China has a highly diversified economy, dominated by the manufacturing and agricultural sectors. It is the most populated country in the world and one of the largest producers and consumers of agricultural products. The agricultural sector is estimated to employ 24% of the active population (World Bank, latest data available) and to account for 7.3% of GDP, although only 15% of the Chinese soil (about 1.2 M km²) is arable. China is the leading global producer of cereals, rice, cotton, potatoes and tea. In terms of livestock, it also dominates sheep and pork livestock farming as well as the world’s fish production. A series of plans have been aimed at transforming, modernising and diversifying agriculture to increase productivity. Data from the National Bureau of Statistics (NBS) show that China's grain output rose 1.3% year on year to a record high of 695.41 million tonnes in 2023, marking the ninth consecutive year with a grain harvest of over 650 million tonnes. Additionally, the country is rich in natural resources and has significant coal reserves (the country's primary energy source), which account for two-thirds of the total primary energy consumption. China is the world leader in the production of certain ores (tin, iron, gold, phosphates, zinc and titanium) and has significant petrol and natural gas reserves, making the country the 6th-biggest oil producer in the world, with 4.01 million barrels produced per day in 2023.

The industry sector contributed to approximately 39.9% of China's GDP and employed 28% of the population in 2022 (World Bank). China has become one of the most preferred destinations for the outsourcing of global manufacturing units thanks to its cheap labour market, despite an increase in labour costs in recent years. The country is a global leader in various manufacturing sectors like machinery manufacturing; electronics; textiles and garments; and steel and automobiles (the Chinese manufacturer BYD overtook Tesla to become the world's biggest electric car company in the final quarter of 2023). China’s economic growth has coincided primarily with the development of a competitive and outward-oriented manufacturing sector. More than half of the Chinese exports are made by companies with foreign capital. Their share in the sector's added value varies according to the industry: more than 60% for electronics and less than 20% for the majority of producer goods. The value-added industrial output went up 4.6% year on year in 2023 (data NBS). The output of the equipment manufacturing sector expanded 6.8% y-o-y in 2023, faster than the average industrial production growth. The production of solar batteries, new energy vehicles and power generation equipment surged 54%, 30.3%, and 28.5%, respectively.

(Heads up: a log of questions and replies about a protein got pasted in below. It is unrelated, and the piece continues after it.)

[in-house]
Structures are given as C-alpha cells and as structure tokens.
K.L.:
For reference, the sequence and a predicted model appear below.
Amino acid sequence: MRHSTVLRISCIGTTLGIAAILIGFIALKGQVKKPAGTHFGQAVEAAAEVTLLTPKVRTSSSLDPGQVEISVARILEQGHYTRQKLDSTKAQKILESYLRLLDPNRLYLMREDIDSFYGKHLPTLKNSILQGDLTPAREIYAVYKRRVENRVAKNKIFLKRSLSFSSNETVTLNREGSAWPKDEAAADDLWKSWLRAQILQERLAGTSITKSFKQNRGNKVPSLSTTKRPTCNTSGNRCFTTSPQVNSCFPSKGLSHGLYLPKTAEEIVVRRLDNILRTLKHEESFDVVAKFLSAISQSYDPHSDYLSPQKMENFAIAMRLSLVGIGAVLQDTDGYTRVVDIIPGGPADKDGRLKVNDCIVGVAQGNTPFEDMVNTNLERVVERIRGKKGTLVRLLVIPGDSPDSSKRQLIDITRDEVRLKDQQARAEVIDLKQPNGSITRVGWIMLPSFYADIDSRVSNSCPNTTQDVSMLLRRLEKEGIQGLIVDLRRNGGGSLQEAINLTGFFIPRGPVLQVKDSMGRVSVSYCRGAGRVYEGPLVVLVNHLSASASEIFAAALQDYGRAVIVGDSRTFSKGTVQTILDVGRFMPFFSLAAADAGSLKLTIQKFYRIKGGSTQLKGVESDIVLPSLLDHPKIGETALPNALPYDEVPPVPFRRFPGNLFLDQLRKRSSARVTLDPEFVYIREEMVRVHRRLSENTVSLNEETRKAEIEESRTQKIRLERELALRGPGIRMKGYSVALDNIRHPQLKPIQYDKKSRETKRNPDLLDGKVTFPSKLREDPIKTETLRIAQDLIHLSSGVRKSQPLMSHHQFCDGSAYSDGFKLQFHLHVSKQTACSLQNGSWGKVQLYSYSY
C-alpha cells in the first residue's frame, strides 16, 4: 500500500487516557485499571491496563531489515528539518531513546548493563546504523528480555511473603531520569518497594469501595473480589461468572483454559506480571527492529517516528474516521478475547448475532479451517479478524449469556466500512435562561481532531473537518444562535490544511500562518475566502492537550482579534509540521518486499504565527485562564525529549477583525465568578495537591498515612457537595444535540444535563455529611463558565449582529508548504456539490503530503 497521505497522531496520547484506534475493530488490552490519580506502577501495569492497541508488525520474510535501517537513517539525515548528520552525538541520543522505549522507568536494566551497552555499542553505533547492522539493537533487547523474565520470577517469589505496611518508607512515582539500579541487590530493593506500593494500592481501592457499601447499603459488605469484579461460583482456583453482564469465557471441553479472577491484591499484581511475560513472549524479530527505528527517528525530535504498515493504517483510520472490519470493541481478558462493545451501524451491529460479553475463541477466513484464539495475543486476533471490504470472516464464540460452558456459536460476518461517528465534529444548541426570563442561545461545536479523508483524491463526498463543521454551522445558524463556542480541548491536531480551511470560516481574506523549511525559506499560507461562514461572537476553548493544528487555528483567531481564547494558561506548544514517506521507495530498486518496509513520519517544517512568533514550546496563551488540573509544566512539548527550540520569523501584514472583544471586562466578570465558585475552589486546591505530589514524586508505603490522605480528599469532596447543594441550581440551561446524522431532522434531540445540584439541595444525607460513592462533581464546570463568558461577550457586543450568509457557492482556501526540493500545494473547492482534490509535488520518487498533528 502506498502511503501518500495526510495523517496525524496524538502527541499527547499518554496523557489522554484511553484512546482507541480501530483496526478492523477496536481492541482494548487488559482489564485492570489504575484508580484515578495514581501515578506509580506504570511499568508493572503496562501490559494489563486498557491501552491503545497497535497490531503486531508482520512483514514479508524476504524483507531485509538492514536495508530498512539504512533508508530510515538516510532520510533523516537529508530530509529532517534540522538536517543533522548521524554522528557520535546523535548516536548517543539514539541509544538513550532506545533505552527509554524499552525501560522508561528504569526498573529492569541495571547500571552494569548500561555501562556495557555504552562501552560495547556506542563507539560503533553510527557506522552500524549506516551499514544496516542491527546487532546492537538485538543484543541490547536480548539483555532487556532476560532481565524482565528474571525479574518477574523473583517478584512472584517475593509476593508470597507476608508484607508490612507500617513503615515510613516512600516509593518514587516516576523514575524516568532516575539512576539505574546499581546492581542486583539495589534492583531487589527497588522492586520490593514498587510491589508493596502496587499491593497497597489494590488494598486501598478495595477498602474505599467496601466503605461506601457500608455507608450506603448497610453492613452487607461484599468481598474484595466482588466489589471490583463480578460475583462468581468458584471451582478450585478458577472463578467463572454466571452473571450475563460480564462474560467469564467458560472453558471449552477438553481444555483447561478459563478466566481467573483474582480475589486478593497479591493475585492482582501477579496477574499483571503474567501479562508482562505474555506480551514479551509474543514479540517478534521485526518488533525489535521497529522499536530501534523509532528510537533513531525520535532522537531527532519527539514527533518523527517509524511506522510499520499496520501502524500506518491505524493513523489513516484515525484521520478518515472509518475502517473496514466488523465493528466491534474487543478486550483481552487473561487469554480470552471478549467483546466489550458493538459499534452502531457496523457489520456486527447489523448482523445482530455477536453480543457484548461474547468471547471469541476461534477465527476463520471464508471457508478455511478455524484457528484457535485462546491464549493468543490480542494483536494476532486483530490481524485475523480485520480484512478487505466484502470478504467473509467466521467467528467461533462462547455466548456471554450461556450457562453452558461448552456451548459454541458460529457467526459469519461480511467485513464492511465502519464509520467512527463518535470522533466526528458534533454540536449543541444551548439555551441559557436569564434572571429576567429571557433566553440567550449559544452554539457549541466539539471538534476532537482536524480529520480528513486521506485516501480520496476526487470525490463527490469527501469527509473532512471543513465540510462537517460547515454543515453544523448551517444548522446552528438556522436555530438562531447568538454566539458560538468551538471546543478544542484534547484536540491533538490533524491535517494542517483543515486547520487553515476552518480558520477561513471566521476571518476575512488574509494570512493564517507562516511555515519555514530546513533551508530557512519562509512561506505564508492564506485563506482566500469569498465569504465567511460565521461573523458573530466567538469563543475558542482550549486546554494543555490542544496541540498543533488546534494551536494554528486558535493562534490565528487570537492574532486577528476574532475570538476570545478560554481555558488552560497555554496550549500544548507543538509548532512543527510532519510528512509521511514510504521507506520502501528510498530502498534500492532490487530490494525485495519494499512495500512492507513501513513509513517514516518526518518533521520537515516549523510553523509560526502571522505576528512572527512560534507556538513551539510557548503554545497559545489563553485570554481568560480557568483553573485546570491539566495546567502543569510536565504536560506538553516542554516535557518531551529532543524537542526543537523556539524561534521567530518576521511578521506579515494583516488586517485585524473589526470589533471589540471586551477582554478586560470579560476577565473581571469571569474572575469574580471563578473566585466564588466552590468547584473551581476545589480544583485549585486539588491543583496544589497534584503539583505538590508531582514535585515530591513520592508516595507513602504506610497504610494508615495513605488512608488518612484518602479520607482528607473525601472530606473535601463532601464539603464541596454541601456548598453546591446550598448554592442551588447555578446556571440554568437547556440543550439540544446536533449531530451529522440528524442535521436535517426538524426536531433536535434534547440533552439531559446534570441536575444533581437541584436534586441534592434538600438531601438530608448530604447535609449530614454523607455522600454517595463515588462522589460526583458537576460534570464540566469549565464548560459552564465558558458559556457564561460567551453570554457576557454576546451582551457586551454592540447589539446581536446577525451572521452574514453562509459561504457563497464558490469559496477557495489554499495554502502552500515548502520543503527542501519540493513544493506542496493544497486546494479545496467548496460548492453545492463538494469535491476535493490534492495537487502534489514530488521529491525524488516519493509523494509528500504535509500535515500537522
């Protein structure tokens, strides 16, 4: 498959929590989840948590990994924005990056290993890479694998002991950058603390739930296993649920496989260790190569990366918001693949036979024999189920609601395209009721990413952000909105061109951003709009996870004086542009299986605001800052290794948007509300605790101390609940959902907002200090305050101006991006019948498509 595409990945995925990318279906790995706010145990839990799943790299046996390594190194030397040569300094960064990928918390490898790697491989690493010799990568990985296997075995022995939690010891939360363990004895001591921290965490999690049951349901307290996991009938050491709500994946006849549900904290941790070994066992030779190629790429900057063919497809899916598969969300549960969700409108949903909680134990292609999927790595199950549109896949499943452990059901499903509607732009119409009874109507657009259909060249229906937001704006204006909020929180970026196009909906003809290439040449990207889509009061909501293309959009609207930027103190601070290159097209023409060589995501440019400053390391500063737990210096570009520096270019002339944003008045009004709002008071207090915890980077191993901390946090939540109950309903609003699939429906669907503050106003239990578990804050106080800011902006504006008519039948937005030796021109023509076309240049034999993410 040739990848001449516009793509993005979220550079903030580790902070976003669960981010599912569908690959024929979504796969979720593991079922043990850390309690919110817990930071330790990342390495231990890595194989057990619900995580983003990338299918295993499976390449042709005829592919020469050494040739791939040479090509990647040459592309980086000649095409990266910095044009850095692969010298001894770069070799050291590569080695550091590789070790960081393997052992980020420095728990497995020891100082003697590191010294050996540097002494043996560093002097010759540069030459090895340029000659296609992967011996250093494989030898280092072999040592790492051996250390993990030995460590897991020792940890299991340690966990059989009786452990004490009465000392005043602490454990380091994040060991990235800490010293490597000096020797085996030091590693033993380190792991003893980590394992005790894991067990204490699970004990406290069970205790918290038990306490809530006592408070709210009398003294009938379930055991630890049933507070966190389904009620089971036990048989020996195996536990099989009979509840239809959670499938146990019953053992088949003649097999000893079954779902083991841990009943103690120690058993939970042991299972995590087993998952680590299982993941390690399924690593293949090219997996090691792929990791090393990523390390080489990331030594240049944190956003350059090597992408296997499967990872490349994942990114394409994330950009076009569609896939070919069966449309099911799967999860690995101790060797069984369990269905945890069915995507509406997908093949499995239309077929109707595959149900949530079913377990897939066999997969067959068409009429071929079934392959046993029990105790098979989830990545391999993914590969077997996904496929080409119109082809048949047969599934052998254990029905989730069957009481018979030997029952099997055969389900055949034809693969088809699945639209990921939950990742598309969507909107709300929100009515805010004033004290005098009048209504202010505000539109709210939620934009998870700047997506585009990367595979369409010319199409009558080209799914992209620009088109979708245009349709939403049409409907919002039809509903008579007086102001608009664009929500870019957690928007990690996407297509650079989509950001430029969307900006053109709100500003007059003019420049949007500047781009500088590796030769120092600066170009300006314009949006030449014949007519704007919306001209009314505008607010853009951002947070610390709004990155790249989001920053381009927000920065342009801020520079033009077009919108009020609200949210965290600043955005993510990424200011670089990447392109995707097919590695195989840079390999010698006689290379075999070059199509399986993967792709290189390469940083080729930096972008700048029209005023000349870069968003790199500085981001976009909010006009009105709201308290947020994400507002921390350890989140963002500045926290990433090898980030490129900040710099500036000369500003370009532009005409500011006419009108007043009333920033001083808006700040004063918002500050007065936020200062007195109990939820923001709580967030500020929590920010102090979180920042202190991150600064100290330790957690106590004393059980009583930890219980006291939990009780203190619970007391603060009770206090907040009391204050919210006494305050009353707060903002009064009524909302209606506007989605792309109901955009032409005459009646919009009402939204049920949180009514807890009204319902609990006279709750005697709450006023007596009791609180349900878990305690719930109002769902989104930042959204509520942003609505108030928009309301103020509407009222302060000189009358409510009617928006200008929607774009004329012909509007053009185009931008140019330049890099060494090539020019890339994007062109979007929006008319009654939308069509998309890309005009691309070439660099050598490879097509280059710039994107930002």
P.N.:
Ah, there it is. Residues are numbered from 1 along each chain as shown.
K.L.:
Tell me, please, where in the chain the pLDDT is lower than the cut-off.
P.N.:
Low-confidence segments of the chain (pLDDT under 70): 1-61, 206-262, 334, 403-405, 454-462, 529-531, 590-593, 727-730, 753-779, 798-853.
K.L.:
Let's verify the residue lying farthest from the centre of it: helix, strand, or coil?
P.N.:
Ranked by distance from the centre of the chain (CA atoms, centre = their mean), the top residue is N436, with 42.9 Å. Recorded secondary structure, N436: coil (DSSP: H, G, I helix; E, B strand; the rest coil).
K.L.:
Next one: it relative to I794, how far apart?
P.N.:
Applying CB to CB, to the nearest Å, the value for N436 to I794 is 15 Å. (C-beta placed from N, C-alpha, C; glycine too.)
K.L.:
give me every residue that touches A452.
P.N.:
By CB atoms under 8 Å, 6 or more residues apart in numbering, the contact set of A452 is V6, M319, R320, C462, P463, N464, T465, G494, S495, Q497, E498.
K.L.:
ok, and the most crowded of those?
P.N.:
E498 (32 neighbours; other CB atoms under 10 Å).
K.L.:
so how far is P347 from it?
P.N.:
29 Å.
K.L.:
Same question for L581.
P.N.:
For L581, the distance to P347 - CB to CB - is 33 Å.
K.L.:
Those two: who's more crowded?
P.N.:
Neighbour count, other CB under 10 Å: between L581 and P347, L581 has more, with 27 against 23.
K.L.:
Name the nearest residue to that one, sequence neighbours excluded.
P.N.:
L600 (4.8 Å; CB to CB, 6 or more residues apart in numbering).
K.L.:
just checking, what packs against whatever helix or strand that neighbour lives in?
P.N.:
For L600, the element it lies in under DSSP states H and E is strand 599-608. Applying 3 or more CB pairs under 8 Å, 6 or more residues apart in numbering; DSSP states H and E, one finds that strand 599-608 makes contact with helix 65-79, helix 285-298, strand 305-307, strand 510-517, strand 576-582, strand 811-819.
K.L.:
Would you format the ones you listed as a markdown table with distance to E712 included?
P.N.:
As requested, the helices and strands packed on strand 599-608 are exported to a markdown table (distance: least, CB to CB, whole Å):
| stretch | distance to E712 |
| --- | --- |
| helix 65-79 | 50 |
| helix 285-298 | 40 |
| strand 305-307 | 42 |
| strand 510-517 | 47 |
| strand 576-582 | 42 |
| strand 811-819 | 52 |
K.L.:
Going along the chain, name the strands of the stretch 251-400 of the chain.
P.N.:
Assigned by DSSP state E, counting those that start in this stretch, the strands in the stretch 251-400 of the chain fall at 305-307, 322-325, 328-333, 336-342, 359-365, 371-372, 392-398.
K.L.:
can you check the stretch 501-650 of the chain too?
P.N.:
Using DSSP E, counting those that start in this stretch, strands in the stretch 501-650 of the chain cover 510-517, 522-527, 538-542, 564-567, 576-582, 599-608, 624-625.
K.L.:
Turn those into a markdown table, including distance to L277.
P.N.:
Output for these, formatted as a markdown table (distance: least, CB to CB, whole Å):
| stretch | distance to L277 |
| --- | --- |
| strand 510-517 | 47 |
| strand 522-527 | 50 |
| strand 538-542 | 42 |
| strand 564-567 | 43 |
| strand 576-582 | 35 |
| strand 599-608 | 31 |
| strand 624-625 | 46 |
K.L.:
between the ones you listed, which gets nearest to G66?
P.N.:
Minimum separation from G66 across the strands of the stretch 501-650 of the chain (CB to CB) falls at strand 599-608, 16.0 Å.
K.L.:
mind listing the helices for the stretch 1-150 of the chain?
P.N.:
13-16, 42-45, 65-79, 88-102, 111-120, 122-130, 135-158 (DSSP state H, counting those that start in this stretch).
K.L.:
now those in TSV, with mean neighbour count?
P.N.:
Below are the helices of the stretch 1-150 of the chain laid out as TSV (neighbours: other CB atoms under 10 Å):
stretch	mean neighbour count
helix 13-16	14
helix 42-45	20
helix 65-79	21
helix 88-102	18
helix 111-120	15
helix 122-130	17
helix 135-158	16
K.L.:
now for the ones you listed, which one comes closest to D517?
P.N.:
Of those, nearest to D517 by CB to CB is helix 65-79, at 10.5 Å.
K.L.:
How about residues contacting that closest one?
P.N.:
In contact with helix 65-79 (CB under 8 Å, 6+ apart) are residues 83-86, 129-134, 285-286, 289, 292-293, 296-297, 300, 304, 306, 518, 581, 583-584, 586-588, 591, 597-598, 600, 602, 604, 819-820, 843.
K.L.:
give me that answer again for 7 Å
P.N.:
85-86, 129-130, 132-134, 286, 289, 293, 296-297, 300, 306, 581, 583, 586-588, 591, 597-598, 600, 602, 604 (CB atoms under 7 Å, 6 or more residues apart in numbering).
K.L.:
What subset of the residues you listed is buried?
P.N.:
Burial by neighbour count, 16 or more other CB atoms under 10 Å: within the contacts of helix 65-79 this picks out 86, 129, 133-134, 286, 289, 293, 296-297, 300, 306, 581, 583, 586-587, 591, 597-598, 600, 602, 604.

The services sector in China has witnessed rapid expansion in the last decade, becoming the largest contributor to GDP (52.8%), surpassing manufacturing, and employing around 47% of the workforce (World Bank). Even though the sector's GDP share has been growing in recent years, the service sector as a whole, encumbered by public monopolies and restrictive regulations, has not progressed. The development of the sector has been constrained by the country’s focus on manufactured exports and the substantial barriers to investment in the sector. However, the Chinese government has been focusing more on the services sectors lately, particularly in sub-sectors such as finance, logistics, education, and healthcare, as it is also aiming to rank among the top exporters for transport, tourism and construction. The trade sector is particularly strong and includes online giants like Alibaba and

Breakdown of Economic Activity By Sector Agriculture Industry Services
Employment By Sector (in % of Total Employment) 24.4 28.2 47.4
Value Added (in % of GDP) 7.3 39.9 52.8
Value Added (Annual % Change) 4.1 3.8 2.3

Source: World Bank, Latest Available Data. Because of rounding, the sum of the percentages may be smaller/greater than 100%.


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Indicator of Economic Freedom


The Economic freedom index measure ten components of economic freedom, grouped into four broad categories or pillars of economic freedom: Rule of Law (property rights, freedom from corruption); Limited Government (fiscal freedom, government spending); Regulatory Efficiency (business freedom, labour freedom, monetary freedom); and Open Markets (trade freedom, investment freedom, financial freedom). Each of the freedoms within these four broad categories is individually scored on a scale of 0 to 100. A country’s overall economic freedom score is a simple average of its scores on the 10 individual freedoms.}}

World Rank:
Regional Rank:


Business environment ranking


The business rankings model measures the quality or attractiveness of the business environment in the 82 countries covered by The Economist Intelligence Unit’s Country Forecast reports. It examines ten separate criteria or categories, covering the political environment, the macroeconomic environment, market opportunities, policy towards free enterprise and competition, policy towards foreign investment, foreign trade and exchange controls, taxes, financing, the labour market and infrastructure.

World Rank:

Source: The Economist Intelligence Unit - Business Environment Rankings 2020-2024


Country Risk

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Sources of General Economic Information

Ministry of Commerce
Ministry of Finance
Ministry of Foreign Affairs
Statistical Office
National Bureau of Statistics of China
Central Bank
Bank of China
Stock Exchange
Shenzen Stock Exchange
Economic Portals

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Latest Update: July 2024